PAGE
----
I imagine most of the people that read this blog will be people who know me one way or another. You’ll likely be one of the people who have been involved with #MTBTalk over the last four years, or someone who I ride with, or someone who has watched me on YouTube. That’s who I imagine reads this drivel. If you’re new here, hello and welcome. If you’re one of the many people who chats bikes with me on a semi-regular basis, welcome back. If you’re here because of YouTube, well… everyone else might need some back-story so hold on.
Creating videos has been an on and off love of mine since 2015. Without covering old ground too much (I’m sure I’ve written about it before), I love taking videos for myself. I love watching them back a year or two later and reliving the experience I filmed. The trip to Spain with Sierra MTB is a particular favourite of mine, as is the MTB Meetup in 2018 where I stacked it so bad I twisted my crank and tore out my pedal. Yes, I got that on film. Cycling on the bridleway around the old iron works near Rosedale, North Yorkshire, is another that springs to mind. These are videos that I’ve put together (with George – I’ll get to that in a minute), and I enjoy watching back. That may sound narcissistic but it’s about bringing back the memories for me. And if a few people get some entertainment, or learn something from it on the way well that’s all good.
Granted, not all the videos on the channel are of this nature. In 2016, George and I set up To The Trail. We were riding virtually every week anyway and taking the GoPros with us, we figured we may as well hash together some of the footage we were shooting and share a YouTube channel. This all started out like I just explained but soon grew into this idea that, because we seemed to be gaining subscribers and an audience, we needed to pump out content twice a week to sustain growth. If you read anything about growing a YouTube channel, which was what we were trying to do throughout 2017, they’ll tell you consistency is key and once a week simply isn’t enough. I ended up making terrible videos, like this one about pedal pins, to try and meet that quota.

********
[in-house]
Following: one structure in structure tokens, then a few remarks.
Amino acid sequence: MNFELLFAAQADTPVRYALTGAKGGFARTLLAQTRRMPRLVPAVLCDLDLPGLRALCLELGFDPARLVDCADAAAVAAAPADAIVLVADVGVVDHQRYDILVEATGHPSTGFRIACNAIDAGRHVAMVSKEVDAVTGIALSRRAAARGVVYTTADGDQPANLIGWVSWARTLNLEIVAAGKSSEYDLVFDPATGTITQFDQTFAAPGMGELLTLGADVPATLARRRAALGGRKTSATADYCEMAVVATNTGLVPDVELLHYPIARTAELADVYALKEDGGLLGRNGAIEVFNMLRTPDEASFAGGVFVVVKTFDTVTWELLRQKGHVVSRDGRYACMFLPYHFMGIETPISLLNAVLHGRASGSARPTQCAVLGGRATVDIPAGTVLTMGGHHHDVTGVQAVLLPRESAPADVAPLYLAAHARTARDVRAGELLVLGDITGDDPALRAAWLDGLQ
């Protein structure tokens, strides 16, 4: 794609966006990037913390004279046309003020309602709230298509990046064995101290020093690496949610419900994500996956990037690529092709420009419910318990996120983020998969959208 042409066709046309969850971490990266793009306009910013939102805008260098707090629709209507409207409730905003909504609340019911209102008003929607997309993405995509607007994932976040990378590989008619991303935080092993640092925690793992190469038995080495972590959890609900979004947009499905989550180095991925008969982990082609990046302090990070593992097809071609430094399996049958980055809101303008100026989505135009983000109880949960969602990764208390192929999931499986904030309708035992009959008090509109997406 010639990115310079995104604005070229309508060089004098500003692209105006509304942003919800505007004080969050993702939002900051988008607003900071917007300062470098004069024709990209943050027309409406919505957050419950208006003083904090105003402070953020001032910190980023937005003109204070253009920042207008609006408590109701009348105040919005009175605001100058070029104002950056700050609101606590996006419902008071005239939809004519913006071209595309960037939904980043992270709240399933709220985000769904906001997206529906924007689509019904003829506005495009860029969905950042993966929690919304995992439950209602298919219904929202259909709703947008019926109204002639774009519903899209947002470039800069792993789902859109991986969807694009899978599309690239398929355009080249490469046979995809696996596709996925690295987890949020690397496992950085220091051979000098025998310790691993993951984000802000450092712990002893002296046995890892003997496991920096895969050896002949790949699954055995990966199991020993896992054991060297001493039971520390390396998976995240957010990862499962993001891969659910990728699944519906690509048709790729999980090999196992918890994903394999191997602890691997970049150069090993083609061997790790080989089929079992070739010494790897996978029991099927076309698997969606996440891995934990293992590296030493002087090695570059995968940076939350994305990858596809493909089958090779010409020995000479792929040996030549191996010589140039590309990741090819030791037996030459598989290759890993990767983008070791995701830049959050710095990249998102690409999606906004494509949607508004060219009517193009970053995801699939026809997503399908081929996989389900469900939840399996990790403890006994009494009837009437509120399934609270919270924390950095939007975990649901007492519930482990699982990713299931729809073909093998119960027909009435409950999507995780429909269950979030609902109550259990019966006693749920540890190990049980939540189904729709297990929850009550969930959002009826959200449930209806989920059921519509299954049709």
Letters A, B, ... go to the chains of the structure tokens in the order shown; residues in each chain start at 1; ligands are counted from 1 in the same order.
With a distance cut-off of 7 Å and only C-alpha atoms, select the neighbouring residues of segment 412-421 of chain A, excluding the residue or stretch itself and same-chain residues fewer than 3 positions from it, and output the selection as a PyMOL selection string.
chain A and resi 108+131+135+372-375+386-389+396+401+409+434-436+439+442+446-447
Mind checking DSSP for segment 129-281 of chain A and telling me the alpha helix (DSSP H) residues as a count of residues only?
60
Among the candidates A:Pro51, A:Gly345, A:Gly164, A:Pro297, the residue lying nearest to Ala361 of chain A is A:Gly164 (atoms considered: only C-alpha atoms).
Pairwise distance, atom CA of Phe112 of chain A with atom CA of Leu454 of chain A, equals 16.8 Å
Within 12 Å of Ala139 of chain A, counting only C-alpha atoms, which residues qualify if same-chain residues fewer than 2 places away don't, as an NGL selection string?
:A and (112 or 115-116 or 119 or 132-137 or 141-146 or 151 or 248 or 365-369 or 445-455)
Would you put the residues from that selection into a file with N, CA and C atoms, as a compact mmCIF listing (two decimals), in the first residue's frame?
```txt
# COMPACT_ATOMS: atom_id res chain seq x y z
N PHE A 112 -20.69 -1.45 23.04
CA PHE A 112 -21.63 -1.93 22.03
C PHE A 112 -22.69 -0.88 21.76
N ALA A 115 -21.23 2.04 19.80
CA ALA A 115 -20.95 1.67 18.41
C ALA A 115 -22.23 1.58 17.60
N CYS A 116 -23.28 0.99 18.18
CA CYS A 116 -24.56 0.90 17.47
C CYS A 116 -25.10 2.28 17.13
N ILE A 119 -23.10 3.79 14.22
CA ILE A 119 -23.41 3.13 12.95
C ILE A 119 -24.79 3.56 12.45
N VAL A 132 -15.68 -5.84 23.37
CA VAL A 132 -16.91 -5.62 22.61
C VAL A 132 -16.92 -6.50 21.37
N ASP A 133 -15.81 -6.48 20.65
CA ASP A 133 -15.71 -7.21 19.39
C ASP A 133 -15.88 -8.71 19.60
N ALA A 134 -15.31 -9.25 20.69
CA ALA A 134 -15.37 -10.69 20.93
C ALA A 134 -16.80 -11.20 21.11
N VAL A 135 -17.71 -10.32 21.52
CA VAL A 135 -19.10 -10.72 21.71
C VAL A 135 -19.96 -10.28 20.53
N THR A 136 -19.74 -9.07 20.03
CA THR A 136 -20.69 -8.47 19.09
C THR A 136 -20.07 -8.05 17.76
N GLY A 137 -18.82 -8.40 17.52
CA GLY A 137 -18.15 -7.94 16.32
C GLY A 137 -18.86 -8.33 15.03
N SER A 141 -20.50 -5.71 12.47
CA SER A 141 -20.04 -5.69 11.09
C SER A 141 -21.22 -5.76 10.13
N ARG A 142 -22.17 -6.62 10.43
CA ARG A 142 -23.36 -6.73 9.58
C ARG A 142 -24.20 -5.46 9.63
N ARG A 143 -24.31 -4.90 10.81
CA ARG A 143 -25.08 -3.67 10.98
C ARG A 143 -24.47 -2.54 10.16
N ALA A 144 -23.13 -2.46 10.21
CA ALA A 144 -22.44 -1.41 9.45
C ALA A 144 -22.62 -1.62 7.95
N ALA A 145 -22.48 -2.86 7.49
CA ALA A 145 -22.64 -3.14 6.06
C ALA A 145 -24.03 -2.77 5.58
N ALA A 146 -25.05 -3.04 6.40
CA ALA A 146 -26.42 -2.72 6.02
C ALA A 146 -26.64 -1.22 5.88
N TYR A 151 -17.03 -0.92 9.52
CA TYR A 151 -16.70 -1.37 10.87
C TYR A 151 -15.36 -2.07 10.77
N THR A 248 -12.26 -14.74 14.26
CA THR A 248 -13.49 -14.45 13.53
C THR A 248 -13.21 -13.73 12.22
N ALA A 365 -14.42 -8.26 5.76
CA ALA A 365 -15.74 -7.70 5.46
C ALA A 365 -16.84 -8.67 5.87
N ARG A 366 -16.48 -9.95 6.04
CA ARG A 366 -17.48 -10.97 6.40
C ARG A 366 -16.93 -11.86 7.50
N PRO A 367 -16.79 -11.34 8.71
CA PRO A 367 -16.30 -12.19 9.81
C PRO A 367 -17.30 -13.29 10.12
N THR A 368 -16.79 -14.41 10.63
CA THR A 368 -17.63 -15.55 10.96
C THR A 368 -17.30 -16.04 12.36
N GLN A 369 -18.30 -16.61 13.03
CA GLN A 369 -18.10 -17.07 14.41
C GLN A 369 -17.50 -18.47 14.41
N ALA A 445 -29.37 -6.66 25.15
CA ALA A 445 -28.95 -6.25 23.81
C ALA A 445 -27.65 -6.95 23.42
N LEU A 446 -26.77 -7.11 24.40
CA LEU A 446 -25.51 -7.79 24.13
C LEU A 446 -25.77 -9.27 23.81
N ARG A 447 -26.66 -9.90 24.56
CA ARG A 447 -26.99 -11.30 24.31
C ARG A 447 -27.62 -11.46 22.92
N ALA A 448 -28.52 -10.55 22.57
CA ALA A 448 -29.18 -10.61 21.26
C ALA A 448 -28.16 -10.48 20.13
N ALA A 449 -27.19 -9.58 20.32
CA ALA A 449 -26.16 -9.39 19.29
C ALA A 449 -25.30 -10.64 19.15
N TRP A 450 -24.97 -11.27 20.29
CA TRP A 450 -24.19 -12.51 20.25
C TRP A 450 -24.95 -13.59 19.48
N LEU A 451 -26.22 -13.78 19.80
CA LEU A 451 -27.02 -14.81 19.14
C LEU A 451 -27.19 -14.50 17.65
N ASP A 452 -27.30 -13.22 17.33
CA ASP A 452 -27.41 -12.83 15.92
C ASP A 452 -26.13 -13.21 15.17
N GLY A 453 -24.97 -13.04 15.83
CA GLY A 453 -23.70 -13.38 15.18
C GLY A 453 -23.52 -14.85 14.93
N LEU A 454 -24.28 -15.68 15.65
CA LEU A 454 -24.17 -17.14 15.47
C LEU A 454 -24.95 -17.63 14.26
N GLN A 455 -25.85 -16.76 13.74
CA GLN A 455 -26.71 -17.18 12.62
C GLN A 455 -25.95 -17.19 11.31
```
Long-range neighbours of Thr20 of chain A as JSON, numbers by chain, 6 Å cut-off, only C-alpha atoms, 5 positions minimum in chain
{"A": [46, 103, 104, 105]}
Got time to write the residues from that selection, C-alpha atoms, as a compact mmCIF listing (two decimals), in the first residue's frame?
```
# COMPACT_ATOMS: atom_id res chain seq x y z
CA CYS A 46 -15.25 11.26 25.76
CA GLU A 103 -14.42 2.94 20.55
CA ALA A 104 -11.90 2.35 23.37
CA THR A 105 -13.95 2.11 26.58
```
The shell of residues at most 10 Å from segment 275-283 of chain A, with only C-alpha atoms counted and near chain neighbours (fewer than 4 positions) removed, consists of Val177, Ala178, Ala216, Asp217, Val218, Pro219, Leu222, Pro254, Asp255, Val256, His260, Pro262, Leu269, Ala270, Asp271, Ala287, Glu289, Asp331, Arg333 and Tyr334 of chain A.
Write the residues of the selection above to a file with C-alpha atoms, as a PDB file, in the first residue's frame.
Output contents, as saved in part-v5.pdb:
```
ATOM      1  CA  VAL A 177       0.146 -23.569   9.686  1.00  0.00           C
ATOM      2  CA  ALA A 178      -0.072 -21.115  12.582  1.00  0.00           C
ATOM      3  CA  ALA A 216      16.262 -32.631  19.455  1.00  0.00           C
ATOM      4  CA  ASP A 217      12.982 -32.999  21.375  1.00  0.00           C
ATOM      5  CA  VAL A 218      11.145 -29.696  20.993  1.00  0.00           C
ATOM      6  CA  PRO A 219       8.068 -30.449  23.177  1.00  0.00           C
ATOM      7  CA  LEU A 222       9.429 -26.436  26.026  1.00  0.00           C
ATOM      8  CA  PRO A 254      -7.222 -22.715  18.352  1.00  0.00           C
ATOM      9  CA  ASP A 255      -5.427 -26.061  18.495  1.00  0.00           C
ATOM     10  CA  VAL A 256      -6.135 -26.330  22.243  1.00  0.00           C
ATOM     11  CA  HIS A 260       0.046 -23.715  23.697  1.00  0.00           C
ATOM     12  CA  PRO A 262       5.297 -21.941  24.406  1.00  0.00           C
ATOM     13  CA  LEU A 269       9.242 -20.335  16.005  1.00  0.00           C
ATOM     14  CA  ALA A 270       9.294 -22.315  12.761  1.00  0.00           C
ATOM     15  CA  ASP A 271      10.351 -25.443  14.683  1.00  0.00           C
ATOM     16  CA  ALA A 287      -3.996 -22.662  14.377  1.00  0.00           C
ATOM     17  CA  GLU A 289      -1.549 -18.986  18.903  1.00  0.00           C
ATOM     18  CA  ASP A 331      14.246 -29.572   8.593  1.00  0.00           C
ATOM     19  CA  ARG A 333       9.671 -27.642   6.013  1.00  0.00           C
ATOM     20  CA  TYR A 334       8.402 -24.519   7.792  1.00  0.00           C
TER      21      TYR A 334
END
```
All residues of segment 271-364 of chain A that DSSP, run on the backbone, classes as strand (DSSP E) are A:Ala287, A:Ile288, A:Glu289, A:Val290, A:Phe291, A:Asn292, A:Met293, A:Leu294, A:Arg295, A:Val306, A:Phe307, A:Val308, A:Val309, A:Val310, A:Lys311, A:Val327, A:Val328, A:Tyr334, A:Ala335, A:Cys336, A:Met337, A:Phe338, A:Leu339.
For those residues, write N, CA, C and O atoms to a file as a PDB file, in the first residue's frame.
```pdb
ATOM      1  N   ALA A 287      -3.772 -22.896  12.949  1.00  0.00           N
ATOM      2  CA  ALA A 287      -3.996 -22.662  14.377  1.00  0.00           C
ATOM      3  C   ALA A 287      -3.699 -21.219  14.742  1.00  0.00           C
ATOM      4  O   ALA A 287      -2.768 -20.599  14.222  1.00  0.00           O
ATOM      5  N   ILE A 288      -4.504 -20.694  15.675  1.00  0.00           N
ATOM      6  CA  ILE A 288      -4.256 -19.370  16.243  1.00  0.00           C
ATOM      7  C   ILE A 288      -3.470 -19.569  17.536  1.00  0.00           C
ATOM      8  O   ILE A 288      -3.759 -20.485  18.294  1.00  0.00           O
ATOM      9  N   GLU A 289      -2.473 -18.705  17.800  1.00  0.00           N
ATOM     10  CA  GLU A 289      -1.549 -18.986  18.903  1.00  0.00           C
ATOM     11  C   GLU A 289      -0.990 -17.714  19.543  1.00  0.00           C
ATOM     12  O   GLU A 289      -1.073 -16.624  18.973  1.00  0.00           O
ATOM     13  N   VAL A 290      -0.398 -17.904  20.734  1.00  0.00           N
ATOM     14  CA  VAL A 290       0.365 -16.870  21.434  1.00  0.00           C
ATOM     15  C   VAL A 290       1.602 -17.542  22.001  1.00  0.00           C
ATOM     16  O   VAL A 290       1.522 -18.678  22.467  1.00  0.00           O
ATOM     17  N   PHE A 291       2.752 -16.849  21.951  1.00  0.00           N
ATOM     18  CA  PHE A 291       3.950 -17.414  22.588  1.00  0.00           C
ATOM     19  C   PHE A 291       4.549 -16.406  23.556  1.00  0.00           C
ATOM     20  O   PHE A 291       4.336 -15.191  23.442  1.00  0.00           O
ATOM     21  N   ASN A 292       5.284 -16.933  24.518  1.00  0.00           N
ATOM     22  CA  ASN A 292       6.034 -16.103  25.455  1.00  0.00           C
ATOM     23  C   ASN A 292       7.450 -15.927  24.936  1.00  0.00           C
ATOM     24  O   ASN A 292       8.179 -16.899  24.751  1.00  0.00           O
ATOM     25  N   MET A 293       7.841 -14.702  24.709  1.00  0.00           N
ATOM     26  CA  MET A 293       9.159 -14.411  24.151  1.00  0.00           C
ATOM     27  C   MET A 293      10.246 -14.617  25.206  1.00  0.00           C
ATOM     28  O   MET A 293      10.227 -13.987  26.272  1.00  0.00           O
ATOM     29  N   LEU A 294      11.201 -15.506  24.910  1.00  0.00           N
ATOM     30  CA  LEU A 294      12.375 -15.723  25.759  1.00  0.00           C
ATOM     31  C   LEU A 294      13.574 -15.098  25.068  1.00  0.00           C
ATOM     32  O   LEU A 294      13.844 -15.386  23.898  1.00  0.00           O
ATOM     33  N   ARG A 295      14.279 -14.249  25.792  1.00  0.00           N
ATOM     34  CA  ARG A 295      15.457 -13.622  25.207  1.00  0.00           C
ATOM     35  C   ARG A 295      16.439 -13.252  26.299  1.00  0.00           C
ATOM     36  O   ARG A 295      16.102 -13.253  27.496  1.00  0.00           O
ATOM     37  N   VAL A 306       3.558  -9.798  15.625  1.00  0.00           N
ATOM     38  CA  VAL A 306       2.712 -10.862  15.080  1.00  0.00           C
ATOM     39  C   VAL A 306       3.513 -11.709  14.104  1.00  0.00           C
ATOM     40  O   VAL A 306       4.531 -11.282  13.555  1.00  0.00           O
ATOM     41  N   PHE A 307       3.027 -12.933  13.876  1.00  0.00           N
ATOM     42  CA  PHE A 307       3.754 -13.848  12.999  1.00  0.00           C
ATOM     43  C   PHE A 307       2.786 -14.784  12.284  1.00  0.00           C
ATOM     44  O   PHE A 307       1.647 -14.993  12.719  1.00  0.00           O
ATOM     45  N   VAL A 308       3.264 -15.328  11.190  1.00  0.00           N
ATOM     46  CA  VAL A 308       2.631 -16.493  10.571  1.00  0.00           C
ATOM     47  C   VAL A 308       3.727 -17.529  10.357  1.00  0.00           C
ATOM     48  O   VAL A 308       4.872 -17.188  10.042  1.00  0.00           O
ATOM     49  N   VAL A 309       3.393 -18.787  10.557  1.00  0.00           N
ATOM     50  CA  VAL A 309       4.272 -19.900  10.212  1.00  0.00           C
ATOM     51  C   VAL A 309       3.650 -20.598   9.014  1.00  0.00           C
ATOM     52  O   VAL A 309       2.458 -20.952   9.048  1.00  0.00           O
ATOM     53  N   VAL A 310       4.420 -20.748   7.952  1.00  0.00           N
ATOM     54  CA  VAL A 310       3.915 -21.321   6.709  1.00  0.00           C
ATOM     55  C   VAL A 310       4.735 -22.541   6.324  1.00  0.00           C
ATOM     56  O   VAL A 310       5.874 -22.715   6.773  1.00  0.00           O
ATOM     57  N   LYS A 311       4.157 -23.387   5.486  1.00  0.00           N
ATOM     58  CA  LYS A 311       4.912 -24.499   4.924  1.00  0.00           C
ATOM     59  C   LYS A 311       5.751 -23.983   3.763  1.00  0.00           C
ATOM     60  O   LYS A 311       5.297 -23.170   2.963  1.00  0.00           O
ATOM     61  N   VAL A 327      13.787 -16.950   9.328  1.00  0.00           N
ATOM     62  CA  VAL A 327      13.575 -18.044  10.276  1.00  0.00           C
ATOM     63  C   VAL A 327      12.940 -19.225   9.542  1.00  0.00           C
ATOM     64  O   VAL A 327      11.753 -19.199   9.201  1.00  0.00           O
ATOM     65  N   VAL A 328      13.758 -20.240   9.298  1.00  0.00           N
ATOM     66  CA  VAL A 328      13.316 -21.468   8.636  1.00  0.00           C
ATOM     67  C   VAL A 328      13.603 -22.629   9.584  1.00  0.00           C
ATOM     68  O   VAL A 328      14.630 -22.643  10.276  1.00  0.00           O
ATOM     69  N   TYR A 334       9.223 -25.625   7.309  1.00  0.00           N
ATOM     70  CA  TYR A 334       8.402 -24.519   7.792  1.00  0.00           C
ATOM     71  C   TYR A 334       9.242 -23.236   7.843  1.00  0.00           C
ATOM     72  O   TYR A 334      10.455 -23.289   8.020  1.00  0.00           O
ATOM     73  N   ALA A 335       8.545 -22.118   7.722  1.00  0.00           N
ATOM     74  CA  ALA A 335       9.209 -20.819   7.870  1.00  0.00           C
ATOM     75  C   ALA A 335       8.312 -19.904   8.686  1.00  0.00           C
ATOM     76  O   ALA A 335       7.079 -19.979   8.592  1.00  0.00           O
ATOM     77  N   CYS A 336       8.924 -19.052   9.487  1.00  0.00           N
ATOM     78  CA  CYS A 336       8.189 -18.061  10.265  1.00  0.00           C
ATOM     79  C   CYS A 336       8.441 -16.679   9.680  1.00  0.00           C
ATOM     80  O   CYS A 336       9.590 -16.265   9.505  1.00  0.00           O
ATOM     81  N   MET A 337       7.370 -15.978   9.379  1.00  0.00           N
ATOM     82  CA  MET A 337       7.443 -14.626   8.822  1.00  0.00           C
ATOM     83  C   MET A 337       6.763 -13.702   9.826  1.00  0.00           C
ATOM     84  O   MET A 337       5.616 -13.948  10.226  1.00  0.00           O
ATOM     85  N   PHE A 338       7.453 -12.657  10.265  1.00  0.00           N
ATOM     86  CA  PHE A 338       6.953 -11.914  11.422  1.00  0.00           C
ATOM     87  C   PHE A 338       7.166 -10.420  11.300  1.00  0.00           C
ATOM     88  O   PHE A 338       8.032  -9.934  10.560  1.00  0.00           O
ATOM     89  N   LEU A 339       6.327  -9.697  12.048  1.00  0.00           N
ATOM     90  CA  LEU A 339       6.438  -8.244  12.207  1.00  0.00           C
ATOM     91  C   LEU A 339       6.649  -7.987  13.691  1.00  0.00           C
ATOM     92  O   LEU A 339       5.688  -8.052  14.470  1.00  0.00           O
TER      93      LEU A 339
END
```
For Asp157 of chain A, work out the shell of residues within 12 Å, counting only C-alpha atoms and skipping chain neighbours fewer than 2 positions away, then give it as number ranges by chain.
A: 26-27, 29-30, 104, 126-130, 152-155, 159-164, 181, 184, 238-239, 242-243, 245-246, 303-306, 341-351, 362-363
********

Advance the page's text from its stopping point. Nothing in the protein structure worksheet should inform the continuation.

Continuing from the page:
Needless to say, To The Trail started to fall flat. Both George and I were drained from the endless pumping out of low quality video to try and grow the channel. It became a chore each week to film video and edit it together. In the end, we agreed to stop the routine of twice weekly videos and go back to making videos as and when we wanted.
It was around this time that photography suddenly clicked for me. I’d been taking photos for a while but hadn’t been anywhere near as skilled as I wanted to be. Things seemed to happen over night because of the practice I was putting in and I started capturing images I was happy with. When out on the bikes, I’d often lug the full camera kit around just to snap a few photos too. I wanted to bring this into the channel a little and George agreed it was a good idea – after all, it would mean there’d be two separate styles of videos going on at the same time: bikes and photography, and bike vlogs… and that should keep the freshness of the channel, right?
In the end, this separation in style is what put an end to To The Trail. George and I are still planning on making videos but, with the styles being different, putting them on one channel just wasn’t working. It felt disjointed and unclear as to what and who was going to be in the next video. It was a mismatch of styles and ideas floating around.
We made the decision a few weeks back whilst riding together at Dalby that we’d have a go at our own channels. We’ll still be riding and filming together, that won’t change, but the footage will go towards our own videos for our own channels from now on. George will be continuing with To The Trail and the 500 or so subscribers on there (although there’ll likely be a name change), whilst I boot up my very own Pedal Slip YouTube channel from scratch.
It’s something I’m planning for the future but haven’t got the time or motivation to go for it right now. I think a rest from the pressure of content creation is needed whilst I regather my thoughts and ideas for the future.
After that time, I’m sure I’ll be quite looking forward to getting back out on the bike and making videos with meaning again. Putting the two things together has always given me a sense of fulfilment and means I’ve got a bank of memories I can delve back into on rainy days. And it shouldn’t change the fun I have on the bike either.
A special thanks to Feral Marmot for the photographs used throughout this one.